THE PRIVATE WAR OF MICHAEL STRAHAN!
JUST a month after joining “Good Morning America,” Michael Strahan is already throwing his weight around – telling producers he wants to do some serious news reporting and not be relegated to the role of set joker like the rival “Today” show’s Al Roker, say sources.
Football Hall of Famer Strahan, 42, has become a hot property on morning TV since replacing Regis Philbin as Kelly Ripa’s co-host on “Live!” Ratings have soared and the program is now battling “Dr. Phil” to become the most watched daytime talk show.
ABC scored a major coup when it wrangled Strahan into joining its “GMA” team part time while remaining on “Live!”. But since his April 15 debut, the former New York Giants star has frequently been used for lighthearted banter because of his sharp wit.
“Michael thinks they want him on the morning news just to be funny, crack a few jokes and lighten the mood,” an insider told The ENQUIRER.
“He believes they see him as their Al Roker.”
While Roker can deftly handle major news – and recently interviewed President Obama – he often provides comic relief on the “Today” show set.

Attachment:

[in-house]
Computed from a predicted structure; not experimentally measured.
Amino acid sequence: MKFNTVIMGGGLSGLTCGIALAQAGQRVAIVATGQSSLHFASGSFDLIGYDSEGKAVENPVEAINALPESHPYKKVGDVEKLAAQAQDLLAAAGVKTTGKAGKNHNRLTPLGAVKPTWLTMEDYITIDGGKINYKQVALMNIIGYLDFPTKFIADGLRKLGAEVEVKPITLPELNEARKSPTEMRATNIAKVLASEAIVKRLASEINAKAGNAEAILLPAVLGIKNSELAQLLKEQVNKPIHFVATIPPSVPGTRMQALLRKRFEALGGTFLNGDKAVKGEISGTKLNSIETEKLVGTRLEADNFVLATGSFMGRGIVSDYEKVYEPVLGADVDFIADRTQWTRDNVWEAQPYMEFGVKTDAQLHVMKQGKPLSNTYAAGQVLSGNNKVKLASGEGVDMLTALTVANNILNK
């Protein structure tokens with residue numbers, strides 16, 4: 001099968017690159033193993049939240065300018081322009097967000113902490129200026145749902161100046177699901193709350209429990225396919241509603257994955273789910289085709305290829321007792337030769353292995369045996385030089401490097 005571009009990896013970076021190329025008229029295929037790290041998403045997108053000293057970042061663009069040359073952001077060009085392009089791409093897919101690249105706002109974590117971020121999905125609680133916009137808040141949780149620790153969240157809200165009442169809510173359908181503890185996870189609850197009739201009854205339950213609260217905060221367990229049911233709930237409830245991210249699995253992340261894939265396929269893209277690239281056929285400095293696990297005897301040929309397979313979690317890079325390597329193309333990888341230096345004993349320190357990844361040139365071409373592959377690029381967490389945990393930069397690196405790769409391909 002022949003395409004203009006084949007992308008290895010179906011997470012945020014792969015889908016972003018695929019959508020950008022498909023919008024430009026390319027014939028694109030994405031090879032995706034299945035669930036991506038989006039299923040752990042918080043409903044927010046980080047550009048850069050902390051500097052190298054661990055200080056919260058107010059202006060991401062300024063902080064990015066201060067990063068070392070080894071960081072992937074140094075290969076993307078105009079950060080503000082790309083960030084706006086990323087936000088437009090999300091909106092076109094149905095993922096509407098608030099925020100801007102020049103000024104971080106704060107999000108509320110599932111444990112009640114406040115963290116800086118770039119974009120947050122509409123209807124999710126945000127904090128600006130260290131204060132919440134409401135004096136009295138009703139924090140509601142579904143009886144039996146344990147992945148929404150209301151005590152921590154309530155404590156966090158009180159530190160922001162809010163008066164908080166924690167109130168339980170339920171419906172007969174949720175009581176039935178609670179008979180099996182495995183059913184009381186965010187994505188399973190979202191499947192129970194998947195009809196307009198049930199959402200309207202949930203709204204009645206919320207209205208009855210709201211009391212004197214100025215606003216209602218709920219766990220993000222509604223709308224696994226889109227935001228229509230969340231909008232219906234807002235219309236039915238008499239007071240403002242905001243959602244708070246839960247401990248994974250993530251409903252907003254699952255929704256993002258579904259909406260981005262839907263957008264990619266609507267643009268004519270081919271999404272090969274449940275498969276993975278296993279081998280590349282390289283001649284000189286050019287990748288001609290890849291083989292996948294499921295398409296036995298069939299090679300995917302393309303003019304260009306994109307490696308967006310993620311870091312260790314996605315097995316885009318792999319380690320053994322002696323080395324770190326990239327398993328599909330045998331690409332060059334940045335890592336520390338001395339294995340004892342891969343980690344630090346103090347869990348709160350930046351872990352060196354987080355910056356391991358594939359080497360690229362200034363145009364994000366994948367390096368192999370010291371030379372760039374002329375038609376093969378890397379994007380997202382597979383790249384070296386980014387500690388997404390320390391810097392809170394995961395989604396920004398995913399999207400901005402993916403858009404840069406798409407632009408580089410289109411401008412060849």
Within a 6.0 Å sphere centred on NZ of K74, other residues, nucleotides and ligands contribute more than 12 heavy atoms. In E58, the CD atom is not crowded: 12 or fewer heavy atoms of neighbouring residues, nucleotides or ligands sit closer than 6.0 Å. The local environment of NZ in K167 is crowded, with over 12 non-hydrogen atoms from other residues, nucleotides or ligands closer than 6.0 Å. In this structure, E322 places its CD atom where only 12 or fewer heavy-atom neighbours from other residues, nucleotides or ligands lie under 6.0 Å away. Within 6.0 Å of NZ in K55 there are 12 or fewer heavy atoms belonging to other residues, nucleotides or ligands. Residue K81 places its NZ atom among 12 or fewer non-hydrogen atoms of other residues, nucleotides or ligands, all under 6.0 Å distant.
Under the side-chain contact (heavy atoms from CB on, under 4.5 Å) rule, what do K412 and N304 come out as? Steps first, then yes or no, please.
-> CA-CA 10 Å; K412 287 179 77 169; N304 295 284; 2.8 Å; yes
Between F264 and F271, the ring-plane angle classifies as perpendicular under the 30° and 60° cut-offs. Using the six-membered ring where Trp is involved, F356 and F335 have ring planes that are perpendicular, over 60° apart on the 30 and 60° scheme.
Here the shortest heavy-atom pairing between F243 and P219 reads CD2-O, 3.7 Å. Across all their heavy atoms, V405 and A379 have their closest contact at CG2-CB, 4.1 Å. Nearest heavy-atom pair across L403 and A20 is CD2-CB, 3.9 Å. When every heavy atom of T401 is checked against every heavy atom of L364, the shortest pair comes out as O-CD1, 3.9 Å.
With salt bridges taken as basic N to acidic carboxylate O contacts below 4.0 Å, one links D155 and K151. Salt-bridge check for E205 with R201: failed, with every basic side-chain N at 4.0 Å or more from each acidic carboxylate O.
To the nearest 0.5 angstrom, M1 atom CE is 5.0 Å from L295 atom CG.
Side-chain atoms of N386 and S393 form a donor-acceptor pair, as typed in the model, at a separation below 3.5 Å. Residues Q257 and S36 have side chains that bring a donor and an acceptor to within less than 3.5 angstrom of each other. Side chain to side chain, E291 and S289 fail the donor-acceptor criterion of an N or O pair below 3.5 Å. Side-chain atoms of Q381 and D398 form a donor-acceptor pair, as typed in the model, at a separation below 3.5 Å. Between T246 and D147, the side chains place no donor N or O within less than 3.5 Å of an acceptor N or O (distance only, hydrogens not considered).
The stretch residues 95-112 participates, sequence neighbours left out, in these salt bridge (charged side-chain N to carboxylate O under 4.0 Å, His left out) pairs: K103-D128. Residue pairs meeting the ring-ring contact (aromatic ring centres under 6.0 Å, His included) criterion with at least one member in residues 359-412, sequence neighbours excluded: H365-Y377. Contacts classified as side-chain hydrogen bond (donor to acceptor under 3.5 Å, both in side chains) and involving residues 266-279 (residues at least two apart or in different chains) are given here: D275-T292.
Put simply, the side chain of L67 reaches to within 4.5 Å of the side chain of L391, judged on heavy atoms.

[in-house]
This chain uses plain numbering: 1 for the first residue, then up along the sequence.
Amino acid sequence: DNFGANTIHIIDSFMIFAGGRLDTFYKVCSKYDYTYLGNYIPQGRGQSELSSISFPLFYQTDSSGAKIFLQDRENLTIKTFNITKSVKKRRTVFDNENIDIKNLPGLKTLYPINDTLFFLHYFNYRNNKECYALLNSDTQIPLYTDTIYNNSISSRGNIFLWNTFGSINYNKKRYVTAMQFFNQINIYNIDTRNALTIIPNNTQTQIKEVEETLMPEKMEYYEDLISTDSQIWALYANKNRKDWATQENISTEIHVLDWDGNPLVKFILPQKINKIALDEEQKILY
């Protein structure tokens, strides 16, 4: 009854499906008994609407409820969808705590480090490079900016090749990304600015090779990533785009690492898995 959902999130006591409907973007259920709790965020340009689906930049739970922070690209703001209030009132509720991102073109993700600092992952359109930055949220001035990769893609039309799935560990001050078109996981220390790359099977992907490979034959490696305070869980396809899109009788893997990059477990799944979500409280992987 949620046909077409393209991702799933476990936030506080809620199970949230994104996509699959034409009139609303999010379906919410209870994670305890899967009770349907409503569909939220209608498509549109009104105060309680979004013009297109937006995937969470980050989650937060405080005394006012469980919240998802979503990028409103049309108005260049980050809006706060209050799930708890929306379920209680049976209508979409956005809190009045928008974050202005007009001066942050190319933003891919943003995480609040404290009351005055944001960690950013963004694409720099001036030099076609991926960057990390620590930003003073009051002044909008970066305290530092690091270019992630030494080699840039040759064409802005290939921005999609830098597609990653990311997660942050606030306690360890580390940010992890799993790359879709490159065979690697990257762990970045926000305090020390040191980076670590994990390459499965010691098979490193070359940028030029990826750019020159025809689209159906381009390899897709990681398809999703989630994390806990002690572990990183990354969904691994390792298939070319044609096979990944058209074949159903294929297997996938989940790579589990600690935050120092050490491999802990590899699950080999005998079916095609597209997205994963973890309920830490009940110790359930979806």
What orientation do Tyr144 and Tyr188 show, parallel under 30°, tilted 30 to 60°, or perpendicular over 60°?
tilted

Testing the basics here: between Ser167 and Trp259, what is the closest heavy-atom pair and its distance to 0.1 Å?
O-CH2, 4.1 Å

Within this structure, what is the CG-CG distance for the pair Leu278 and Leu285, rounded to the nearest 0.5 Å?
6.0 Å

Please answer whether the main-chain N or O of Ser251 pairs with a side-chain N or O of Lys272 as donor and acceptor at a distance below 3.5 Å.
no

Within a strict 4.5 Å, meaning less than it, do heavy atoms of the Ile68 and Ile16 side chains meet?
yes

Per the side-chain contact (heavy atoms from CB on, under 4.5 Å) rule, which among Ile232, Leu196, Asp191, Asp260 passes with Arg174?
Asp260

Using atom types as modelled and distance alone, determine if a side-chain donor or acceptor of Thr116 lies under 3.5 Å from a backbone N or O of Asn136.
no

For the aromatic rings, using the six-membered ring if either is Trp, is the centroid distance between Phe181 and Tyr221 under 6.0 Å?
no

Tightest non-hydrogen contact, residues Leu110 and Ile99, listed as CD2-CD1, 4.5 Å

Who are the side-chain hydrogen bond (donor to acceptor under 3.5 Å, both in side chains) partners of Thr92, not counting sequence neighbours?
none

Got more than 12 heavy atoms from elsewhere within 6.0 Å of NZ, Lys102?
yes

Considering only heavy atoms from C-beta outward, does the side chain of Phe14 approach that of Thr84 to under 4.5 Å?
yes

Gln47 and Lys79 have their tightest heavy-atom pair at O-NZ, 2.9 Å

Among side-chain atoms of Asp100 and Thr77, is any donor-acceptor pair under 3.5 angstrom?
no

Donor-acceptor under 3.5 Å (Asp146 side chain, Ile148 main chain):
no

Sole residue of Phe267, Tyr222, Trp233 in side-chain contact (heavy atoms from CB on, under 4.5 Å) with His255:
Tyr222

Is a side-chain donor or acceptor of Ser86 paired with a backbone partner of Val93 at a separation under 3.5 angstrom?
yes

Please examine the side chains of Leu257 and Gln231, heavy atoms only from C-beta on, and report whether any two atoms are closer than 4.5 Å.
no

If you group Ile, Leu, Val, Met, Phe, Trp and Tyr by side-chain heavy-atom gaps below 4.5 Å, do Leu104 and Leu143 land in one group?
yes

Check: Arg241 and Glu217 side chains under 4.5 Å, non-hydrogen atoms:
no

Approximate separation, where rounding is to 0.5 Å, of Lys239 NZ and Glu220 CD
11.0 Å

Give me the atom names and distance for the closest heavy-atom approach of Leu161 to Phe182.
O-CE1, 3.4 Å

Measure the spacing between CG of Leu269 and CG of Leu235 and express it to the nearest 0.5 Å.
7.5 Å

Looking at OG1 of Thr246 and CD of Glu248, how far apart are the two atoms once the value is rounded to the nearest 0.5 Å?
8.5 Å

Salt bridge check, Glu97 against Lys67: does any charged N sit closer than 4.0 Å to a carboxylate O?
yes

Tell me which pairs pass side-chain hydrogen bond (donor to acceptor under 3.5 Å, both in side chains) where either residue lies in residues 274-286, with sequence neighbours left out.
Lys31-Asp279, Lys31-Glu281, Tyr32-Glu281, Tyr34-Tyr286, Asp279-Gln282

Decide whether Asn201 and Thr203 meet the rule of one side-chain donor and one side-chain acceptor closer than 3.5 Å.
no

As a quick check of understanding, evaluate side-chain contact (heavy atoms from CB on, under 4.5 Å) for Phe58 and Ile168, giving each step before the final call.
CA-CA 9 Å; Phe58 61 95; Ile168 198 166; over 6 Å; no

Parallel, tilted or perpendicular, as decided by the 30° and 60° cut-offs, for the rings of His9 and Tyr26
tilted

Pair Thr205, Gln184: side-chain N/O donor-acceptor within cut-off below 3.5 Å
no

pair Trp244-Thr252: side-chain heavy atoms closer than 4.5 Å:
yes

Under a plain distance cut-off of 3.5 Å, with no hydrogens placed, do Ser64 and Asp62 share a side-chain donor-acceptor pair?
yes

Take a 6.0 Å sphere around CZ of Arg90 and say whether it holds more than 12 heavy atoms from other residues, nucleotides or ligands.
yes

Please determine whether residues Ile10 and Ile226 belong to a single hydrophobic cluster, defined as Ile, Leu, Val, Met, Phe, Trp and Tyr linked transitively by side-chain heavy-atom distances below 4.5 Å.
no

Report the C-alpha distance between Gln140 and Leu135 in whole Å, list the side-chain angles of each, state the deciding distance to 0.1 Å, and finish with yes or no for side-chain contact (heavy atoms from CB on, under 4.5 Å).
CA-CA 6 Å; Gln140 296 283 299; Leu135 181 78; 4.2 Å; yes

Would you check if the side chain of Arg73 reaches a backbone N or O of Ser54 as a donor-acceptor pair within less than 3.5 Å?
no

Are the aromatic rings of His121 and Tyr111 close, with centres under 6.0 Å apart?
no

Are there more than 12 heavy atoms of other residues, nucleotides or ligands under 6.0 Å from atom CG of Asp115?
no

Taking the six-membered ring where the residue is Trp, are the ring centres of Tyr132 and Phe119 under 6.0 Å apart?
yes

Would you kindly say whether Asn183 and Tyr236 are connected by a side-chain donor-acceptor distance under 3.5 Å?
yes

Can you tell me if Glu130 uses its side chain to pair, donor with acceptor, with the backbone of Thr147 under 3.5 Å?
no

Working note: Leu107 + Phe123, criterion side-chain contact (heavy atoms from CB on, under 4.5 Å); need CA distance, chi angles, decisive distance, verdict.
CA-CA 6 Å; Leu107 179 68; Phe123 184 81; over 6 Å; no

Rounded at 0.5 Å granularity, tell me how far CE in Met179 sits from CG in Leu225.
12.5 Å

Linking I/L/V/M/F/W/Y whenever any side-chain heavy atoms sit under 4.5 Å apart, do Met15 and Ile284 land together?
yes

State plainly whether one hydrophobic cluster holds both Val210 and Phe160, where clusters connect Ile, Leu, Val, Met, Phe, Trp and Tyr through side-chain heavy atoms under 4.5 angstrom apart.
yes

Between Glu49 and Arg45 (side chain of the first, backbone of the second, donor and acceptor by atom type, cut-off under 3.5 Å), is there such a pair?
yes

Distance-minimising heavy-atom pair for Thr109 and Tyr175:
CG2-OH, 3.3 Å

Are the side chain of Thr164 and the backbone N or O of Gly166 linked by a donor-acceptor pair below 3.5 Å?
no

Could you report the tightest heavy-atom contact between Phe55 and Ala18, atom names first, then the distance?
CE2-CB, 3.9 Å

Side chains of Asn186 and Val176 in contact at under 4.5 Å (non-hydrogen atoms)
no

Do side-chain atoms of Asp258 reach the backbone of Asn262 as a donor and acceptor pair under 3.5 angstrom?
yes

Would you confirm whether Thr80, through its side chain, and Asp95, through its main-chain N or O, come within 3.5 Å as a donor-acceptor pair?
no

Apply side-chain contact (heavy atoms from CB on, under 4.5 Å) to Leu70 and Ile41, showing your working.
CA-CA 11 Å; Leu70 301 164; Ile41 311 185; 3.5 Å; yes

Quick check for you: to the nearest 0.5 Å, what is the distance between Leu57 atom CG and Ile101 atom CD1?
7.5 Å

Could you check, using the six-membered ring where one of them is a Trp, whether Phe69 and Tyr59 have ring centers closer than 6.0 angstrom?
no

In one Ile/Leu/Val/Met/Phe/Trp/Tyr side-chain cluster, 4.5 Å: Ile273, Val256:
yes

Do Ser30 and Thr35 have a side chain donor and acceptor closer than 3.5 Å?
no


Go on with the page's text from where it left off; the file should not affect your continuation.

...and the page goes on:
Strahan doesn’t want to be perceived as a lightweight, which he feels happened to his football teammate Tiki Barber when he joined “Today” in 2007 as a correspondent, said the source.
Tiki fizzled out after three years because “he really didn’t get anything important to do on the show,” according to the insider. “Michael doesn’t want to end up like that.”
Fortunately, Strahan has a strong supporter in “GMA” host Robin Roberts, who had a long career in sports broadcasting before going mainstream.
“Robin showed she is excellent at being a serious newswoman, but she had to beat the doubters first,” said a close source.
“Now she’s telling producers that Michael is very intelligent and should be included when they talk about big news events on the show.”
But if Strahan feels he isn’t being used properly, the source believes he won’t be afraid to walk.
“After all,” said the source, “he doesn’t want to become a clone of Al Roker.”